Minute 35: Our 24" half green peppers, half pineapple pizza just arrived. Sucker is huge. A little Killian's Irish Red will help to wash that down (thanks Adam!).

Halftime: Woof. That first half was a dog. Now for a fun, happy, peppy halftime performance live from the sight of the game, Pizza Hut Park (ugh, I know…) in Dallas by… Click 5? Who the hell are they? I don't even care. The boys and I are in agreement that the Minnesota Vikings/New York Giants game is a far better viewing option.

Second Half, 46th-80th minute: Would someone please tell these teams that a championship is at stake here?! There is no urgency on either side. It hurts to watch. To ease our pain we all have a glass of… Sparkling Apple Cider? Uh, okay. Cool. Thanks, Trumbot. Just dudes being dudes, I guess.

81st – 90th minute: Wow, someone from the LA bench must have shouted out some instruction to the Galaxy players because all of a sudden they're creating chances with regularity. However, LA is squandering some stunning opportunities. Herculez chips a break away shot over the goal. Donovan has a wide-open gift of a shot cleared off the line by a defender. The three of us are yelling our heads as LA goes begging for a goal. We're all fired up and agitated, but I think happily so. There's been little to cheer about up until now. We're just thankful for the injection of life that this game so badly needed.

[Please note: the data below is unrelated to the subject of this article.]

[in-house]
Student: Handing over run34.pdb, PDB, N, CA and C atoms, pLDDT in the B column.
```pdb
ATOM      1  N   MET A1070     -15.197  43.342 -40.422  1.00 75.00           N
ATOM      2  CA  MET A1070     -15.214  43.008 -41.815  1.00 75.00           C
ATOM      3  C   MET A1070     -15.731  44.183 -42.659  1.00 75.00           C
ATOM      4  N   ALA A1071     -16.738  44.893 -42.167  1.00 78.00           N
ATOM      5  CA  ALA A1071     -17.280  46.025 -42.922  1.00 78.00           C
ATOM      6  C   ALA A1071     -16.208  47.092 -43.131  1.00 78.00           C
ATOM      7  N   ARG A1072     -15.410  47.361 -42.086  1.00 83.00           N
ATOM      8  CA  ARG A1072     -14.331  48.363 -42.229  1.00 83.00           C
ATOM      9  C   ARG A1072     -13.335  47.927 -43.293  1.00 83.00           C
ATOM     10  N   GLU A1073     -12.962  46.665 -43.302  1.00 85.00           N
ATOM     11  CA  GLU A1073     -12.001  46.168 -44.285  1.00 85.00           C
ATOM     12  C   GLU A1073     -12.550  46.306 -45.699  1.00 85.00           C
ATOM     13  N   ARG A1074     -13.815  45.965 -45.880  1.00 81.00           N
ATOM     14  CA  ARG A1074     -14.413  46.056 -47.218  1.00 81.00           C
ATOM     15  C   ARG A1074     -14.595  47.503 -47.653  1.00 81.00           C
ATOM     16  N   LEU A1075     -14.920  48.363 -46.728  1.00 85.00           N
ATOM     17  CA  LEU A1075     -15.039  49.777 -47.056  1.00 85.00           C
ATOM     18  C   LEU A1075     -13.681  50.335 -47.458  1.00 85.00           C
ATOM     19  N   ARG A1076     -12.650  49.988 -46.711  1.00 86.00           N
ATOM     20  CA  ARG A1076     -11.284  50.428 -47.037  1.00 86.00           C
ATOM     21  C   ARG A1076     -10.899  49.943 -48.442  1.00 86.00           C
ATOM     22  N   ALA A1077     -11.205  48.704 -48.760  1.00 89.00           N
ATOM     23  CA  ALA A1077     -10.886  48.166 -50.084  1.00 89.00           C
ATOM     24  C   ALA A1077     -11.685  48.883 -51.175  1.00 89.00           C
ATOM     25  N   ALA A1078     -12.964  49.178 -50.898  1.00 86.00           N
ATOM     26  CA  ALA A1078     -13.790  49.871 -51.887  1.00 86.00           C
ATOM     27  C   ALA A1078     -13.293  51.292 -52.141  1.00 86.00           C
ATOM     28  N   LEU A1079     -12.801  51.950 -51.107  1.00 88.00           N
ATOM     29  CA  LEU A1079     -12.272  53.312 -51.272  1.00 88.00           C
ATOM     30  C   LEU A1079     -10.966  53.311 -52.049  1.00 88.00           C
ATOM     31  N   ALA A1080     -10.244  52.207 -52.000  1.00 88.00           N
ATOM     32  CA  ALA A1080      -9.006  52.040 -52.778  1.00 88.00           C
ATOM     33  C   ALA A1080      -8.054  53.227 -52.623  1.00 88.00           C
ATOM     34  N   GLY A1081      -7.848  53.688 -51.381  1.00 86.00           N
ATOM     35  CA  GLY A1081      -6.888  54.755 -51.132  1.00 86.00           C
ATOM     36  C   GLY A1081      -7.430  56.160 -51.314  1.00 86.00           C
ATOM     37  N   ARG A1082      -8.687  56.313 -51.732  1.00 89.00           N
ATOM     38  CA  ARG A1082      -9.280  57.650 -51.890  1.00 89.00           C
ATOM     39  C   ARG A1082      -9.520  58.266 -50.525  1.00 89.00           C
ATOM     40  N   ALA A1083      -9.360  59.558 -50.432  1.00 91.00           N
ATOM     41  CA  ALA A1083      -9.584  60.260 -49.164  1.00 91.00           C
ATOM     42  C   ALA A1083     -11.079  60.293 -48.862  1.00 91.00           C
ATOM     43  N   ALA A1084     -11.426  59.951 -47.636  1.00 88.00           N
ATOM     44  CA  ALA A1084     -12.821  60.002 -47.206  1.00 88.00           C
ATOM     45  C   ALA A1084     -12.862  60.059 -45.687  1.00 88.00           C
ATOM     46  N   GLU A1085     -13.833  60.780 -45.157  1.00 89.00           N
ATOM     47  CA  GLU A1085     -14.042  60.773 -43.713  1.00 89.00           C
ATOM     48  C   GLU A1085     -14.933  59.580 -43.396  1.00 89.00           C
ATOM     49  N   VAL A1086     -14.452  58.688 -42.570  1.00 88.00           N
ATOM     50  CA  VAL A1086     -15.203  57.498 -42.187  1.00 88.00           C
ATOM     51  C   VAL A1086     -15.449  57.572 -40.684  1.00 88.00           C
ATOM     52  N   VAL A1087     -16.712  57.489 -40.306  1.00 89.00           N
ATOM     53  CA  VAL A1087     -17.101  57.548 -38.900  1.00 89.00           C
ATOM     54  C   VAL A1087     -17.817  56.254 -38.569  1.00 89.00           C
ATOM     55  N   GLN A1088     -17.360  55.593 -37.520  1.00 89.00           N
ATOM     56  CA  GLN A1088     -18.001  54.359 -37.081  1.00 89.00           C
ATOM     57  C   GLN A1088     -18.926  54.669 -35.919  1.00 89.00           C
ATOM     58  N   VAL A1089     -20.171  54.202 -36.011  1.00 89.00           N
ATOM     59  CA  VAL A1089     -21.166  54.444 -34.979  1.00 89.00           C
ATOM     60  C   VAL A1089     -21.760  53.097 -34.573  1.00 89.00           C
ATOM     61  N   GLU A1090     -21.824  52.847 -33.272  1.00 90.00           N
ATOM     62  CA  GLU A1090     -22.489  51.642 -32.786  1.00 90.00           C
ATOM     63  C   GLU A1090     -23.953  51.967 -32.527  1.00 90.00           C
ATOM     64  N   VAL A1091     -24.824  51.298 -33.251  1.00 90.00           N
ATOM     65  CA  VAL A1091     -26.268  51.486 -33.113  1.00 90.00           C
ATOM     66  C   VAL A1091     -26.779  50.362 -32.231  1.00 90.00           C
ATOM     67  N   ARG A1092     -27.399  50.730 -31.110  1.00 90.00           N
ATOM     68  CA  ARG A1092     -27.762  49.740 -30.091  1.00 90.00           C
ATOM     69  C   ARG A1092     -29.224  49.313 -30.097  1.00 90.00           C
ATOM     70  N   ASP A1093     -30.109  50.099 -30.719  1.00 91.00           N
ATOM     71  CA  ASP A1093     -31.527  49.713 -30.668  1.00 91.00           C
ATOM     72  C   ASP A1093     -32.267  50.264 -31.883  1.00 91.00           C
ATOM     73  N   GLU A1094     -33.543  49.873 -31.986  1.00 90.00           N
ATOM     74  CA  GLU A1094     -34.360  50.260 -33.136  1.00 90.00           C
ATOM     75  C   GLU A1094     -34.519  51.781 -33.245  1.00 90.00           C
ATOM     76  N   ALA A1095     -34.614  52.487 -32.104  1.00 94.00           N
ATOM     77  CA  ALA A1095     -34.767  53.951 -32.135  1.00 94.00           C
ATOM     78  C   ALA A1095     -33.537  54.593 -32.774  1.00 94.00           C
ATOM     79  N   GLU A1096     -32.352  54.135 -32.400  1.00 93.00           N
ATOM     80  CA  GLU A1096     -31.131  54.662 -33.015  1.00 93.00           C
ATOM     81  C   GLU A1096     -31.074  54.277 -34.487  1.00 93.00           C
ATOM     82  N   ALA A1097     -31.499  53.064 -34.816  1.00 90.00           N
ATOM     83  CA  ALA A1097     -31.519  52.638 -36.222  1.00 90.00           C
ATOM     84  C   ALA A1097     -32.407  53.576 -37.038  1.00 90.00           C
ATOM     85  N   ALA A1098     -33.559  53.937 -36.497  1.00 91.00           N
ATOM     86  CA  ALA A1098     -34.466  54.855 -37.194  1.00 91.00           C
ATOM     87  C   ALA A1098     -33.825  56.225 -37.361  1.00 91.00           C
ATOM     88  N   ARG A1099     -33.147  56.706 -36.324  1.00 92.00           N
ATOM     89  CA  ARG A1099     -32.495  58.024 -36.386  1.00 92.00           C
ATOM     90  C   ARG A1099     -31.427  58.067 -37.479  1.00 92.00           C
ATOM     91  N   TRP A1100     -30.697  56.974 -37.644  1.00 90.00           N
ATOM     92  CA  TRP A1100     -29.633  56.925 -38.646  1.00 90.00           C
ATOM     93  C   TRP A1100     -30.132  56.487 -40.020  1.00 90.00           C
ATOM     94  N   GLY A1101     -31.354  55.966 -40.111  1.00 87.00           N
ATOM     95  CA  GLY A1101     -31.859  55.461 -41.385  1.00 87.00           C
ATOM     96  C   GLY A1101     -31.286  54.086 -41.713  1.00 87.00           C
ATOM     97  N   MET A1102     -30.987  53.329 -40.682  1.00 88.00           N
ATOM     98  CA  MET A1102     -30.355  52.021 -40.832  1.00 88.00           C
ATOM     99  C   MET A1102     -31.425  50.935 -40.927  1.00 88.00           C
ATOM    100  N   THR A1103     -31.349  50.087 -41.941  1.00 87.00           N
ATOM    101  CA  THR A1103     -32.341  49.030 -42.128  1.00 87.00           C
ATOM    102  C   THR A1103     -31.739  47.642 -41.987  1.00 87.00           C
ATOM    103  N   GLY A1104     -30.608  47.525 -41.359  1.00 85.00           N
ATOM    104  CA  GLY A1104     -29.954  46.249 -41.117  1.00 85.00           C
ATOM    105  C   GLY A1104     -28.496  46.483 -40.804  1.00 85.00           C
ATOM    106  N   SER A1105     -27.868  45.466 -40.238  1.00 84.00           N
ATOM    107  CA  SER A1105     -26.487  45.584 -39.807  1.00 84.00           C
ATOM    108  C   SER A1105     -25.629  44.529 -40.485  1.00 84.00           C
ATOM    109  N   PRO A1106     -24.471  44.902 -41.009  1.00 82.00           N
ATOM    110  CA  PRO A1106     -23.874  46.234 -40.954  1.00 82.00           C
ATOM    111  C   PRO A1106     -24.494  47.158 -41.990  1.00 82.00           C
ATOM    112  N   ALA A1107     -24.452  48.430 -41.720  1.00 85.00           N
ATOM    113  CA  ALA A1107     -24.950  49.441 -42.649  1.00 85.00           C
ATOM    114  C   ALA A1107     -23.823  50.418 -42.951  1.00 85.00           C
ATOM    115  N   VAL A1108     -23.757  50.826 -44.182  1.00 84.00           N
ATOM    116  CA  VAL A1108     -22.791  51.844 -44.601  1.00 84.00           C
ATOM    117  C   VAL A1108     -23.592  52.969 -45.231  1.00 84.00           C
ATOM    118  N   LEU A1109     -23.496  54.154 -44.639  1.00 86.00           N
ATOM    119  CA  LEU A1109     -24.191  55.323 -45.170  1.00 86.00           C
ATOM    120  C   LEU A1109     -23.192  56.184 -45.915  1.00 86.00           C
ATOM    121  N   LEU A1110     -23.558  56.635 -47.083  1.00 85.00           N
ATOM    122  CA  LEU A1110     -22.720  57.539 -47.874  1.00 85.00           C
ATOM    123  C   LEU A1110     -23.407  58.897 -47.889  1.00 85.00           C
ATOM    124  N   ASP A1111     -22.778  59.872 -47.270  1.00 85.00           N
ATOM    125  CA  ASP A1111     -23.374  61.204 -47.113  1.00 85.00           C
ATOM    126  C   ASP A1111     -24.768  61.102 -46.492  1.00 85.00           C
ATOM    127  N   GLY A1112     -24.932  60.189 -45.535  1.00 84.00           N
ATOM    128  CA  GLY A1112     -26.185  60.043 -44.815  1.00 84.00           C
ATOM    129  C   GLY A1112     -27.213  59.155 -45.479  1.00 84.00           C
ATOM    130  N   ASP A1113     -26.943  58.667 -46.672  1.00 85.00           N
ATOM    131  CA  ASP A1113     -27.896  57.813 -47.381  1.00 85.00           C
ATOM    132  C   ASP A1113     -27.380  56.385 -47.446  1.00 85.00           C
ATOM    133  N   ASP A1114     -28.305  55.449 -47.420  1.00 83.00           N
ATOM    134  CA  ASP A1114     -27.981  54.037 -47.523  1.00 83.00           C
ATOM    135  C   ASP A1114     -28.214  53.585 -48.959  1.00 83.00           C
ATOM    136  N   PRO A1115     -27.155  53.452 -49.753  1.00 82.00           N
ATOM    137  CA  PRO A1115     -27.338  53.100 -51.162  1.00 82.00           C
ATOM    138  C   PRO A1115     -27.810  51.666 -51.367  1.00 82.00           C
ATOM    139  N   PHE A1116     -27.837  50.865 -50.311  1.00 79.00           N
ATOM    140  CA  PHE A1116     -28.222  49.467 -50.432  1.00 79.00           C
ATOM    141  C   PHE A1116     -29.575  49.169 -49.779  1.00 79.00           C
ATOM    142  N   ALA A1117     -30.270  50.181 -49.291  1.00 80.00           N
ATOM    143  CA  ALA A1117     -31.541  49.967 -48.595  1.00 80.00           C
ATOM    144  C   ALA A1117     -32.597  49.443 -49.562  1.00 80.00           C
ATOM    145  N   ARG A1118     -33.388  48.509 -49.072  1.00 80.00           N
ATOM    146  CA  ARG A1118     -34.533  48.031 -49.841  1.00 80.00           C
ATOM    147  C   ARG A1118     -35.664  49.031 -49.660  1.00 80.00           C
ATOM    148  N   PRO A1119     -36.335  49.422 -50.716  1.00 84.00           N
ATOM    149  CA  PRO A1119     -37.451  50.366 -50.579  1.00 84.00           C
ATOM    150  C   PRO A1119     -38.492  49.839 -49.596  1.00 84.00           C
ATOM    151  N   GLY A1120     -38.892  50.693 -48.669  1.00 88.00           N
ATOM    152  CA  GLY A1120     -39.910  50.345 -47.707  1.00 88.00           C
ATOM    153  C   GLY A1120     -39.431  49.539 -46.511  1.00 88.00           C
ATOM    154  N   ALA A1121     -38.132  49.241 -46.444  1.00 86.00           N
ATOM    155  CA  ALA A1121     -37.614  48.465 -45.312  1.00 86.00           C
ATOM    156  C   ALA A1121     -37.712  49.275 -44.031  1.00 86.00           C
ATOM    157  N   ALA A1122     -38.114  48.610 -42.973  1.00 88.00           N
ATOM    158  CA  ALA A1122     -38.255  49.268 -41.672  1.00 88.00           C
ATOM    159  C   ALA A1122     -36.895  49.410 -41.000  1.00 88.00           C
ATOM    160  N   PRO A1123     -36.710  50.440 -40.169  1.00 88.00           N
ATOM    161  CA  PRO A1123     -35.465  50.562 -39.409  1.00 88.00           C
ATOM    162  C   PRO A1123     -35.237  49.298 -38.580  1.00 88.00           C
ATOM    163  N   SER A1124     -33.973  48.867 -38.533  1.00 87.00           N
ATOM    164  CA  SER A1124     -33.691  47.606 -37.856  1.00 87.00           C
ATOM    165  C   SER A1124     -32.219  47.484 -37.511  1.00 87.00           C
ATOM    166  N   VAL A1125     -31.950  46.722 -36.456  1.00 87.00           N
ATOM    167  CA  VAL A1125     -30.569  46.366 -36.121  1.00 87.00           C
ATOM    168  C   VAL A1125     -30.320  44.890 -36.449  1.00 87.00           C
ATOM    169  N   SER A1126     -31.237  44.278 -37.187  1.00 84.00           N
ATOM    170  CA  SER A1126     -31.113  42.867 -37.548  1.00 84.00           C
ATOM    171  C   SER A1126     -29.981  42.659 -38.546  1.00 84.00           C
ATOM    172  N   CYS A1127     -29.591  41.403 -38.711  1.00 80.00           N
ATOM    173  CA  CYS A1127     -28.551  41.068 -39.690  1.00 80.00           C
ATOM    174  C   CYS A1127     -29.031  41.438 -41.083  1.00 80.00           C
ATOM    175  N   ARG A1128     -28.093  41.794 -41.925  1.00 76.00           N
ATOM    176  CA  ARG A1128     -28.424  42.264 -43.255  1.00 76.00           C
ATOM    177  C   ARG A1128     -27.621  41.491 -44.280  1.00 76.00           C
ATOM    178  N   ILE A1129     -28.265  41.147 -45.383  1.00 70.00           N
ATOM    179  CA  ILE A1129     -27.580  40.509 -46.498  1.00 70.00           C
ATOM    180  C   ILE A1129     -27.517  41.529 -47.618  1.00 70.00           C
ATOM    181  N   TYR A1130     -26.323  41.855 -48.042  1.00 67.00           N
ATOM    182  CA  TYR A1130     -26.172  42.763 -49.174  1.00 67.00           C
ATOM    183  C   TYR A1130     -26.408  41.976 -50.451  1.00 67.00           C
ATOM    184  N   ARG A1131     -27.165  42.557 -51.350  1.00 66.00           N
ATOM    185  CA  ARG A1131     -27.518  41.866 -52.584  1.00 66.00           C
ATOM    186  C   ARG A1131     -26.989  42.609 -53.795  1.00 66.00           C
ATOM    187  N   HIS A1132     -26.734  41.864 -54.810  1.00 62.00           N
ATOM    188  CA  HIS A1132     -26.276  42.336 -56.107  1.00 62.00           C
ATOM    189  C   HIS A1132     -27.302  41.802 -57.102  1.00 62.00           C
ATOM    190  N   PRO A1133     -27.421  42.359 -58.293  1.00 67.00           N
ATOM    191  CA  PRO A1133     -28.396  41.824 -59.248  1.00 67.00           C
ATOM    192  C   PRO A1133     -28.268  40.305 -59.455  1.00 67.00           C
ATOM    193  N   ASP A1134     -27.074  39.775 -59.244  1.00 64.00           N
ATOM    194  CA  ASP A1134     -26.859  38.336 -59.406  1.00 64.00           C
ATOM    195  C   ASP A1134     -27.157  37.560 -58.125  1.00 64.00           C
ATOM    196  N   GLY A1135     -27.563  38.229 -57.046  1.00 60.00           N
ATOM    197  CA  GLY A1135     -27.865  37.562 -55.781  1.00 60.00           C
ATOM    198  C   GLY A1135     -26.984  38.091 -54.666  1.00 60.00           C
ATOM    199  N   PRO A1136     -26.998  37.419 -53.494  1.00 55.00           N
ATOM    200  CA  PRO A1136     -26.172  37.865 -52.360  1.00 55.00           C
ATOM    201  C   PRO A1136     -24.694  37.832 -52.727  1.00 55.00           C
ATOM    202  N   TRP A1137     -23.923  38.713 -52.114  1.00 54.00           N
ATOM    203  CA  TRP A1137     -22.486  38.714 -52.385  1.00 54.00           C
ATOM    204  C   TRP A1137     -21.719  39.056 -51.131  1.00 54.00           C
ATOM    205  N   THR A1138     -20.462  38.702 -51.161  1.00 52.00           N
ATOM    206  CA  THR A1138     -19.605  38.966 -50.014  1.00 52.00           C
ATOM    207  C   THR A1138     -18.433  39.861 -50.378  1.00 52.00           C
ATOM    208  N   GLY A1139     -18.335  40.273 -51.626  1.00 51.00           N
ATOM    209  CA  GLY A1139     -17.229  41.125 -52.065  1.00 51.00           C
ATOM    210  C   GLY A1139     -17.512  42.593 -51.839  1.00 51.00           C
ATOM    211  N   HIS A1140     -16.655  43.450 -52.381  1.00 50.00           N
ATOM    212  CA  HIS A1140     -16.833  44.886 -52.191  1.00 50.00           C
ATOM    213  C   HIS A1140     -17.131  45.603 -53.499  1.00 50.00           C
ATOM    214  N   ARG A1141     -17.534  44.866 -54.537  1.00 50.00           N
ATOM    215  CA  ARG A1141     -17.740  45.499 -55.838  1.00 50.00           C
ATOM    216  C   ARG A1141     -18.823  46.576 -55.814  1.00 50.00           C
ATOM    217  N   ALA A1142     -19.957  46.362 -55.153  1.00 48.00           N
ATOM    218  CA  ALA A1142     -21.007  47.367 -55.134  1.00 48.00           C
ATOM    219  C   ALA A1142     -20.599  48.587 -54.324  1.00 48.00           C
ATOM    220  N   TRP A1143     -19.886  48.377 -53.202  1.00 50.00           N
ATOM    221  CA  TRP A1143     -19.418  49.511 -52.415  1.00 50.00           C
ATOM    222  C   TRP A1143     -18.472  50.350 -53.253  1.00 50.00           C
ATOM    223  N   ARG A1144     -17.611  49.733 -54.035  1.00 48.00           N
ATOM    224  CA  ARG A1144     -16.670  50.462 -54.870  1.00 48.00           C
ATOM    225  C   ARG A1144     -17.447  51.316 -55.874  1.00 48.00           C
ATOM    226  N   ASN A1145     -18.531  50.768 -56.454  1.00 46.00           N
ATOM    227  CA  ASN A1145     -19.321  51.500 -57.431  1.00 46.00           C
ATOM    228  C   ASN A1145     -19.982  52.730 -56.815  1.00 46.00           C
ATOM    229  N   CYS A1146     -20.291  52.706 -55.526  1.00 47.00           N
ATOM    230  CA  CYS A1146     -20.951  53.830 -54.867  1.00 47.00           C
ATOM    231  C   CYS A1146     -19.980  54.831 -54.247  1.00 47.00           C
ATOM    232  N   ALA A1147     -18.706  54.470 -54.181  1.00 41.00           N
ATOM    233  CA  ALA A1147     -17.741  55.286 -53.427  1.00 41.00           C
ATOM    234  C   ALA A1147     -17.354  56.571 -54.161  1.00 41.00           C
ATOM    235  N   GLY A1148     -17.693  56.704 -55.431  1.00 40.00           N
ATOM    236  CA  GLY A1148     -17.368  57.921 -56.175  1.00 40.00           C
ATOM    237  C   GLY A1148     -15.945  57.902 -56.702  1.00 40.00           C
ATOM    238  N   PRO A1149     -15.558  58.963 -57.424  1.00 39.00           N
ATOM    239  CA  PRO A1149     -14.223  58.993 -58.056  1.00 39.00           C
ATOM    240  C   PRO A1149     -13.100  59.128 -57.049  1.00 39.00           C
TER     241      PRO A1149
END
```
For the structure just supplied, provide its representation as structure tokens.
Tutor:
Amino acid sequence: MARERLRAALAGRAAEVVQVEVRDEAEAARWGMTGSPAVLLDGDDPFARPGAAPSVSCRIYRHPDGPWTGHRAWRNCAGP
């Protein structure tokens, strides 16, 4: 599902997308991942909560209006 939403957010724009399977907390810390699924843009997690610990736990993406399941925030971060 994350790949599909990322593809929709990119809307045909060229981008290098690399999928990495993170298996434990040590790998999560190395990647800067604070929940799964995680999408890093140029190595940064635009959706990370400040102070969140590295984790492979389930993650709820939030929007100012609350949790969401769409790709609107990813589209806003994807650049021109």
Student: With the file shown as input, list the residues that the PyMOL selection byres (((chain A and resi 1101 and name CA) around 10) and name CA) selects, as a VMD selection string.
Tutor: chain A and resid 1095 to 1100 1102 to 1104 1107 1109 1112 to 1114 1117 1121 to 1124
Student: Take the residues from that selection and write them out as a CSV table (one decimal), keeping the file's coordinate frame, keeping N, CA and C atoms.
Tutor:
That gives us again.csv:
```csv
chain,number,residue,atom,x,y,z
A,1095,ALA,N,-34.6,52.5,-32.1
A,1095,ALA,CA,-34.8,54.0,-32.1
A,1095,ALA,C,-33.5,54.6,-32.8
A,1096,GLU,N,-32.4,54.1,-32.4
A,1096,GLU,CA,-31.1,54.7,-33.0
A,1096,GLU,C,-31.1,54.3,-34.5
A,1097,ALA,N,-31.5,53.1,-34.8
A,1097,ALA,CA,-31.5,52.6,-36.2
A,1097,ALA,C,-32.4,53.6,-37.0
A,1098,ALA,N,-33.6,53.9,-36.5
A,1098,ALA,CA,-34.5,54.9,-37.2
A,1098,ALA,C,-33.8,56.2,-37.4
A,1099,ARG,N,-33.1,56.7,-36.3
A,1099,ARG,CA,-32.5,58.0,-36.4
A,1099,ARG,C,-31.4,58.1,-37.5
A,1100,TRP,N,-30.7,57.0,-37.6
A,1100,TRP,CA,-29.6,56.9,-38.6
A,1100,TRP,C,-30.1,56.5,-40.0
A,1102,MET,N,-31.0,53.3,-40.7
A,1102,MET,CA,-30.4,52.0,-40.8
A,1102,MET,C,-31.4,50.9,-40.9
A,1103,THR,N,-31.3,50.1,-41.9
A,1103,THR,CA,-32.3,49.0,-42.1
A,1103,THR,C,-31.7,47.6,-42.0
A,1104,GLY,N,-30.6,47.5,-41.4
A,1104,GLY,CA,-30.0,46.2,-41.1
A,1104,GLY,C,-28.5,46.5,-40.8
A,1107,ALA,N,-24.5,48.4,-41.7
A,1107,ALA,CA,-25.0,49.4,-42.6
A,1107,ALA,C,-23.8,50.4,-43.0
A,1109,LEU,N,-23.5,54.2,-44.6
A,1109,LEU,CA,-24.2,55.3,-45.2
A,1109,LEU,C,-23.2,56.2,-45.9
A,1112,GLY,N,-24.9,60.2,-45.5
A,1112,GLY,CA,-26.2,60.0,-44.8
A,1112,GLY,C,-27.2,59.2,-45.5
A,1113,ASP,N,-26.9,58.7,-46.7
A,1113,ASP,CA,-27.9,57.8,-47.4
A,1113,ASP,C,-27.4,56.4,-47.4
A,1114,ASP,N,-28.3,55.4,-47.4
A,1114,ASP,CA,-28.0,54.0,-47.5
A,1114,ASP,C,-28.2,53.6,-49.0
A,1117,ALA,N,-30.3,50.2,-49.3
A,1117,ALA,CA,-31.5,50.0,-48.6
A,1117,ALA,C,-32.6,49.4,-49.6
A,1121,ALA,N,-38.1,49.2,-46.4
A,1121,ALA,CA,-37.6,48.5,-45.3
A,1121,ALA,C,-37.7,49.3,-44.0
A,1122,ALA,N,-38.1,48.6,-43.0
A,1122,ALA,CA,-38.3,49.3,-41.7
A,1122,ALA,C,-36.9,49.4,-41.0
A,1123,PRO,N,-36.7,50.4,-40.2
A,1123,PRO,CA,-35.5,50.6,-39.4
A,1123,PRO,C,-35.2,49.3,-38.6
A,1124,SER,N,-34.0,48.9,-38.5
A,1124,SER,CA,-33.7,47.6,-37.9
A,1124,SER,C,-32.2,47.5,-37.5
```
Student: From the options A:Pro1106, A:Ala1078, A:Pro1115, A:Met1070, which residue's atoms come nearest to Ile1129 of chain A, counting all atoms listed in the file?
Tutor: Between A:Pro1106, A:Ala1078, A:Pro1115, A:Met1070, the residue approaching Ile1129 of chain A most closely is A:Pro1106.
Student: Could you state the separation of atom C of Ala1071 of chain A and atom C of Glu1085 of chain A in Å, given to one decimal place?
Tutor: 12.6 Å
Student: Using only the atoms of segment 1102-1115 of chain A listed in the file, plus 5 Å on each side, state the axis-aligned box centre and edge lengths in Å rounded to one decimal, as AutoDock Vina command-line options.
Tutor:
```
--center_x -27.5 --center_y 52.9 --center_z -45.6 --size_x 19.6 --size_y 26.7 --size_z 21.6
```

Ninety-plus minutes have run up and we're still deadlocked at zero. The clutching, jerky pace of the game is reflected on the referee's naughty list. A staggering ten yellow cards have been issued. What the hell am I watching here? Roller Derby?

Overtime, 107th minute: Pando! Guatemalan midfielder Pando Ramirez breaks the scoreless tie with a cracking rebound shot off of a corner. High fives and yelling all around. There is much merriment in my living room at this moment.

Overtime, final minutes leading up to the 120th: The game has slowed to a standstill as Los Angeles waits for the final whistle to blow. New England had one – and only one – real scoring chance, but could never muster a formidable attack. The game ends and the Galaxy rush the field. Strangely enough, my comrades and I aren't all that elated. Sure, our team won, but there is a definite feeling of, "God, it's finally over. Took long enough!" Nevertheless, we're content with the Galaxy's triumph and now focus our attention to next summer World Cup in Germany, where Team USA looks to prove the quarterfinal finish from 2002 was anything but a fluke.